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    Home / College Guide / Pritzker ‘looking at all possible COVID-19 mitigations
     Posted on Thursday, July 29 @ 00:00:05 PDT

    Pritzker ‘looking at all possible COVID-19 mitigations JERRY NOWICKI Capitol News Illinois Jul 28, 2021 Save As the Centers for Disease Control and Prevention issued new guidance aimed at limiting the spread of COVID-19, Gov. J.B. Pritzker on Tuesday continued to stress the importance of getting vaccinated. SPRINGFIELD — Masks will be required at driver’s license facilities in Illinois starting Monday, Secretary of State Jesse White announced Wednesday, and Gov. J.B. Pritzker said he is “looking at all the possible mitigations” amid another surge of COVID-19 infections. The secretary of state’s announcement came one day after the Illinois Department of Public Health and the U.S. Centers for Disease Control and Prevention updated guidance to recommend individuals in areas with “substantial risk” or greater for the spread of COVID-19 should wear face coverings regardless of vaccination status. “Substantial” risk occurs when new cases are between 50 to 99 per 100,000 people over a 7-day period, while “high” risk occurs when cases exceed that amount. A CDC county map, viewable at https://covid.cdc.gov/covid-data-tracker/#county-view , shows much of the state’s western half along the Missouri border is at high or substantial risk, as is most of southern Illinois.

    The CDC also recommended masks be worn by all individuals in K-12 schools, and IDPH announced it “fully aligns” with the federal guidance. The governor warned Monday that districts disobeying guidance could face civil liability. Pritzker White’s new mask requirement will also apply to the Illinois State Capitol and all secretary of state offices. The announcement came as the state reported 2,082 new COVID-19 cases, the most since May 7, and the case positivity rate rose to 4 percent, the highest since April 19. The guidance that all people in school buildings should wear face coverings comes just 18 days after the CDC released guidance saying masks were suggested only for those who had not been vaccinated. Dr. Rochelle Walensky of the CDC said in a Tuesday briefing the main reason for the change in guidance is the fact that the COVID-19 delta variant — which makes up “eight in 10” of the COVID-19 cases that have had been sequenced in laboratories — is less predictable and more transmissible than previous versions of the virus. It’s also due to the fact that fewer people than expected have chosen to become vaccinated nationwide. “When we released our school guidance on July 9, we had less delta variant in this country, we had fewer cases in this country, and importantly, we were really hopeful that we would have more people vaccinated, especially in the demographic between 12 to 17 years old,” Walensky said according to an audio recording posted to the CDC website.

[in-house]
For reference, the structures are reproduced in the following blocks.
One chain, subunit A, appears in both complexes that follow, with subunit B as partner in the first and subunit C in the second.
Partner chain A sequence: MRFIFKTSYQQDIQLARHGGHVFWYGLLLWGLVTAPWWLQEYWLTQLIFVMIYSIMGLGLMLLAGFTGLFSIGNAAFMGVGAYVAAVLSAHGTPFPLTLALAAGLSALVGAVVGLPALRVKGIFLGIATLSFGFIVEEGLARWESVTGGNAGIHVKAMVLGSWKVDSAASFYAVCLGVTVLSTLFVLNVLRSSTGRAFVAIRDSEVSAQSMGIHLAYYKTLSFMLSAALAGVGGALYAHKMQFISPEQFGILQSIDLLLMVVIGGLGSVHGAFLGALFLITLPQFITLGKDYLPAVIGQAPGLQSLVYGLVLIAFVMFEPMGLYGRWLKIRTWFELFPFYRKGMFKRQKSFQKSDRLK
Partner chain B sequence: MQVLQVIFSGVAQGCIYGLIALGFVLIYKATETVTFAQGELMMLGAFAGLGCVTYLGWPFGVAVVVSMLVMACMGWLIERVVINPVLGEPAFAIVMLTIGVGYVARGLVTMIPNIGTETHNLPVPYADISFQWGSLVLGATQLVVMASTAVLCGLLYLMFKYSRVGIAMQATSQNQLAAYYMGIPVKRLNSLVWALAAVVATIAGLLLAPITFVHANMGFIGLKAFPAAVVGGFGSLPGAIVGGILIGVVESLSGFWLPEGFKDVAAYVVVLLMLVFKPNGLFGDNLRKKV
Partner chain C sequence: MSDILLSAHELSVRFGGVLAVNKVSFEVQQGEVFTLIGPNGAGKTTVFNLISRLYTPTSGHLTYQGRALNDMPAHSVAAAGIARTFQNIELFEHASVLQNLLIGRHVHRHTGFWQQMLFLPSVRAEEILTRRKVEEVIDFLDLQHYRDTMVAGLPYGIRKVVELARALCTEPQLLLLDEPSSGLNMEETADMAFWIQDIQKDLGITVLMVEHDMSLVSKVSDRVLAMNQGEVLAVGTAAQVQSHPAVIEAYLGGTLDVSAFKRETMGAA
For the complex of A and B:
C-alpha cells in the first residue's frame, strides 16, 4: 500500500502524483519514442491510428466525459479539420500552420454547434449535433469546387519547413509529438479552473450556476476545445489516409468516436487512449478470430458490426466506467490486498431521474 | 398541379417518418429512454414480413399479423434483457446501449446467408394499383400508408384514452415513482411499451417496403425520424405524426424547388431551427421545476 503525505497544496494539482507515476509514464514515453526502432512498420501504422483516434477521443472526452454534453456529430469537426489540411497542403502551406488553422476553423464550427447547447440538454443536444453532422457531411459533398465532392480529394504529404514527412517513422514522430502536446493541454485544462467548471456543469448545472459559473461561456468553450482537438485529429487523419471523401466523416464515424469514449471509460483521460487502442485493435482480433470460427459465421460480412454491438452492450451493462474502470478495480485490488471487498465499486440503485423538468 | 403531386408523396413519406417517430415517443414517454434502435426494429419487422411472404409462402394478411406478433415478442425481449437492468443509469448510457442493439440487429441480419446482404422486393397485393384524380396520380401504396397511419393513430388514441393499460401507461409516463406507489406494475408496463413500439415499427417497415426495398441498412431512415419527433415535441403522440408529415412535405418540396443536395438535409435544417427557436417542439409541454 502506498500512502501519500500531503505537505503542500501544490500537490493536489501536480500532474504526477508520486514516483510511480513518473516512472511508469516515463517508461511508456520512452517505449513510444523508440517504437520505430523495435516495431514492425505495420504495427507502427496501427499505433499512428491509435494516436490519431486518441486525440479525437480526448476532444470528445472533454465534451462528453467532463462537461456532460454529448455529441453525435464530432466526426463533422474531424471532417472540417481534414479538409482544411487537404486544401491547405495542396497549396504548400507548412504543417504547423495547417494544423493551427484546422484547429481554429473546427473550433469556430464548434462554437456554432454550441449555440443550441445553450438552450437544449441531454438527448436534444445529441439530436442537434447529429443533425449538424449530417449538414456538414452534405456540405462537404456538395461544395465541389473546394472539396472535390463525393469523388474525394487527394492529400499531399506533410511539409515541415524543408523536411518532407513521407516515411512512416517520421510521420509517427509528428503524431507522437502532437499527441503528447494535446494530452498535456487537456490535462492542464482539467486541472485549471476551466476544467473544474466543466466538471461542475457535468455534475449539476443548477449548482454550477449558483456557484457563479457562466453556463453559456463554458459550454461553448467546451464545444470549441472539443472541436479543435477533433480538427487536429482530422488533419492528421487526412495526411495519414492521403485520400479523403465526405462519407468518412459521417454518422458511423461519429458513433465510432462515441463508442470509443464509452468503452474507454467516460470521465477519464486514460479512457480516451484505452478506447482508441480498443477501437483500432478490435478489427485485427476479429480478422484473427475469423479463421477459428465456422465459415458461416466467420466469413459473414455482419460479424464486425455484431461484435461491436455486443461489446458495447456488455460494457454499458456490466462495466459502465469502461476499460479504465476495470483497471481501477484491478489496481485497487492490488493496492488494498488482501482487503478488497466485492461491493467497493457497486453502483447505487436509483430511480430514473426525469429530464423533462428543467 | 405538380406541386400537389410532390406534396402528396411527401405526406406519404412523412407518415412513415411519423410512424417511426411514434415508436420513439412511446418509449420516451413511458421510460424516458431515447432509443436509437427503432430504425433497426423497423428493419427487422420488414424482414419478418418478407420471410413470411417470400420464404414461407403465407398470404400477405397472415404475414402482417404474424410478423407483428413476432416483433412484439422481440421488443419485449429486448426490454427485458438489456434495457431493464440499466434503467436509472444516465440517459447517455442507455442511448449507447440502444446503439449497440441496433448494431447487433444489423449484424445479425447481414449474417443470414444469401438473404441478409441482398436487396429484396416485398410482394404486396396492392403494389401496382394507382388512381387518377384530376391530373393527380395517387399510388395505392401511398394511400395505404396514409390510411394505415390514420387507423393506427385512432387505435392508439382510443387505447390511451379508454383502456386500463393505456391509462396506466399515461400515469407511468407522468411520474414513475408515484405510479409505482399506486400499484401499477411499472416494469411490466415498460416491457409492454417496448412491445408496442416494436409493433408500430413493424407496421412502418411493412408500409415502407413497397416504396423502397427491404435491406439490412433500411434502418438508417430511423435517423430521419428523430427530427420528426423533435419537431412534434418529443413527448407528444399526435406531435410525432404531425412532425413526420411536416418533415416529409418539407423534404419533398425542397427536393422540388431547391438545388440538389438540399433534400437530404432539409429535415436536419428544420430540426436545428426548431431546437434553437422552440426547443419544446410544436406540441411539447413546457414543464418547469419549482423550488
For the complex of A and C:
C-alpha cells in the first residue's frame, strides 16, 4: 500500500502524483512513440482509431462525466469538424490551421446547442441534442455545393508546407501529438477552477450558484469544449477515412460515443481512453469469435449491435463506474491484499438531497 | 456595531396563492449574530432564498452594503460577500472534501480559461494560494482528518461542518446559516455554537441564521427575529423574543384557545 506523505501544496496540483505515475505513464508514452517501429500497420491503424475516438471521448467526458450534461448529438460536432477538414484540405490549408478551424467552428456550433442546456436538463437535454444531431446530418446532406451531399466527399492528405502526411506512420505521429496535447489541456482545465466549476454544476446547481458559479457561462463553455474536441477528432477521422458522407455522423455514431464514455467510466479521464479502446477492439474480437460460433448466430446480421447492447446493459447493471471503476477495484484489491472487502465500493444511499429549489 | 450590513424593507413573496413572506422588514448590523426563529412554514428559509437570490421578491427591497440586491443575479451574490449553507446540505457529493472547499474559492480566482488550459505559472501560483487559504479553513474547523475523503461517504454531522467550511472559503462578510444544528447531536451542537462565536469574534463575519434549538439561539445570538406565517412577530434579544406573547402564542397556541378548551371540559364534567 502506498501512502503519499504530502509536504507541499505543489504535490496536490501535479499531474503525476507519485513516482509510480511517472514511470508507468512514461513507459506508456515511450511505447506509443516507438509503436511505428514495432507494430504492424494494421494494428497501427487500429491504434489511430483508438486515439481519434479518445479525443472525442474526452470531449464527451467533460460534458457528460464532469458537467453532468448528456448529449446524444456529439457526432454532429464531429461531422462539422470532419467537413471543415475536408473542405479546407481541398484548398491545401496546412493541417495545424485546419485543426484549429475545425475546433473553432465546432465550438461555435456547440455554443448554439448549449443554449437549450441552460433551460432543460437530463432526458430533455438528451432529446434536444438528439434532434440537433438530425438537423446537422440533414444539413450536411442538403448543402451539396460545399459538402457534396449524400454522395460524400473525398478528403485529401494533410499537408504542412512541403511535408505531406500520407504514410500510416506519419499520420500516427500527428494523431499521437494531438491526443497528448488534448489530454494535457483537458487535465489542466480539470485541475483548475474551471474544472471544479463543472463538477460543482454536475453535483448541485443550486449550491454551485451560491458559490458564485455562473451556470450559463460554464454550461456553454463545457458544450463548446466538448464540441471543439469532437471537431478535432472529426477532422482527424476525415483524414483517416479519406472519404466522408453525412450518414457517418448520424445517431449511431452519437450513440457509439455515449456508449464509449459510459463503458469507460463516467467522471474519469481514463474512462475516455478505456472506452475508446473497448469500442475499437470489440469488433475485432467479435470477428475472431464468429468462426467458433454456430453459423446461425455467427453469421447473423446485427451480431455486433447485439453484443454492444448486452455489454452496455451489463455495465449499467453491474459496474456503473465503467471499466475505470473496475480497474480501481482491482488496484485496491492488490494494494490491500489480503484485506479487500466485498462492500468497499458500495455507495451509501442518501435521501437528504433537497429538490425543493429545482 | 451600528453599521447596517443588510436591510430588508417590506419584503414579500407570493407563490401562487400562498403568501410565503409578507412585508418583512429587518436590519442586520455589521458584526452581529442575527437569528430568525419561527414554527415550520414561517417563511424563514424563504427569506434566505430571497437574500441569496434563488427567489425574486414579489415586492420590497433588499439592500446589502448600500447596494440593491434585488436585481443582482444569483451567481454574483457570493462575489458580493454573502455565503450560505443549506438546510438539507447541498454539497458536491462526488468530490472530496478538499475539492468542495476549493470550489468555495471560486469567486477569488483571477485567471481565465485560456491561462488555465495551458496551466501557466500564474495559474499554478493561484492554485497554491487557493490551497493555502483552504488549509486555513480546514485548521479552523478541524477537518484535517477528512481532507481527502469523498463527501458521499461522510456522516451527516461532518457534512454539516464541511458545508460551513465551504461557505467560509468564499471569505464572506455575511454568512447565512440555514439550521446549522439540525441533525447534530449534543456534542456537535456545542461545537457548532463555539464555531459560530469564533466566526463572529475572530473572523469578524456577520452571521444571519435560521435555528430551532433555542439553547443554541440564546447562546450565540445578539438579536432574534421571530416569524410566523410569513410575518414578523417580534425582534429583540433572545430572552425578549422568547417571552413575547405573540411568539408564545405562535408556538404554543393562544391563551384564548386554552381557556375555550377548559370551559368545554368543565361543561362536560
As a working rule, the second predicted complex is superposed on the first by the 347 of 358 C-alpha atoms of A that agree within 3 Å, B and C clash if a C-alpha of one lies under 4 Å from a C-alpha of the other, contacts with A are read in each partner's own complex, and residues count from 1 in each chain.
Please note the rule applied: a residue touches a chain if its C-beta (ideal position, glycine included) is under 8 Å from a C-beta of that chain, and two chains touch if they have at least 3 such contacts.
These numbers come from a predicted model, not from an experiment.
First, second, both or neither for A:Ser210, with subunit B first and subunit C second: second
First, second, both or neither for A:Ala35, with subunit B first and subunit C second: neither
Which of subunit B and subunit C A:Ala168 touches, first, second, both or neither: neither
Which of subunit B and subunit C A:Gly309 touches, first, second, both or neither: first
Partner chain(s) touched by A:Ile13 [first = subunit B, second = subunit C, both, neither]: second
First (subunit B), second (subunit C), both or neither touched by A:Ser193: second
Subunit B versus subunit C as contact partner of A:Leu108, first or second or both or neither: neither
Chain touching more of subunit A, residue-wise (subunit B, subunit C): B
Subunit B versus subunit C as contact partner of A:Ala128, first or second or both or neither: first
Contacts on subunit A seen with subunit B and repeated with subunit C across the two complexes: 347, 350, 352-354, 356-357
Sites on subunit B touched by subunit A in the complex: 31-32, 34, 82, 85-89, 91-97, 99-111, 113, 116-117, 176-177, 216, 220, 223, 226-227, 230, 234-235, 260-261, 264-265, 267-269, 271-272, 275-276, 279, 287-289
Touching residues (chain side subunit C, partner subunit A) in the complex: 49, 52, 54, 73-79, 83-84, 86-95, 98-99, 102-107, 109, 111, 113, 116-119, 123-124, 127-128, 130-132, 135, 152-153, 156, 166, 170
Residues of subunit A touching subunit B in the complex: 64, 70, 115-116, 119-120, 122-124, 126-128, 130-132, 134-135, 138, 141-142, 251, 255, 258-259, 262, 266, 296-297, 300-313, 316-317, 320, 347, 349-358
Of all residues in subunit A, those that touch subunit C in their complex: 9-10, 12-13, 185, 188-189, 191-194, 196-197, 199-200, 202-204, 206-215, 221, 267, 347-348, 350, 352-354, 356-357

She said the guidance is aimed at protecting those who cannot be vaccinated, such as children 11 years of age and younger and those who are immunocompromised. While Pritzker said the state has “wanted school districts to make decisions for themselves throughout the last year to keep their districts safe,” school districts face the risk of being held liable in civil courts “if they dont live up to the standard that is set by the CDC.” The Illinois State Board of Education echoed those comments in a statement Wednesday. Support Local Journalism {{featured_button_text}} “Illinois fully adopted the CDCs updated guidance for K-12 schools on July 27, which recommends universal indoor masking for all teachers, staff, students, and visitors to K-12 schools, regardless of vaccination status,” an ISBE spokesperson said in an email. “School boards that choose not to implement public health guidance are putting their students and staff at risk and should consult with their insurers as to potential liability.” Other than that, ISBE’s most recent guidance, encouraging school boards to work with local health departments on mitigations, remains in place.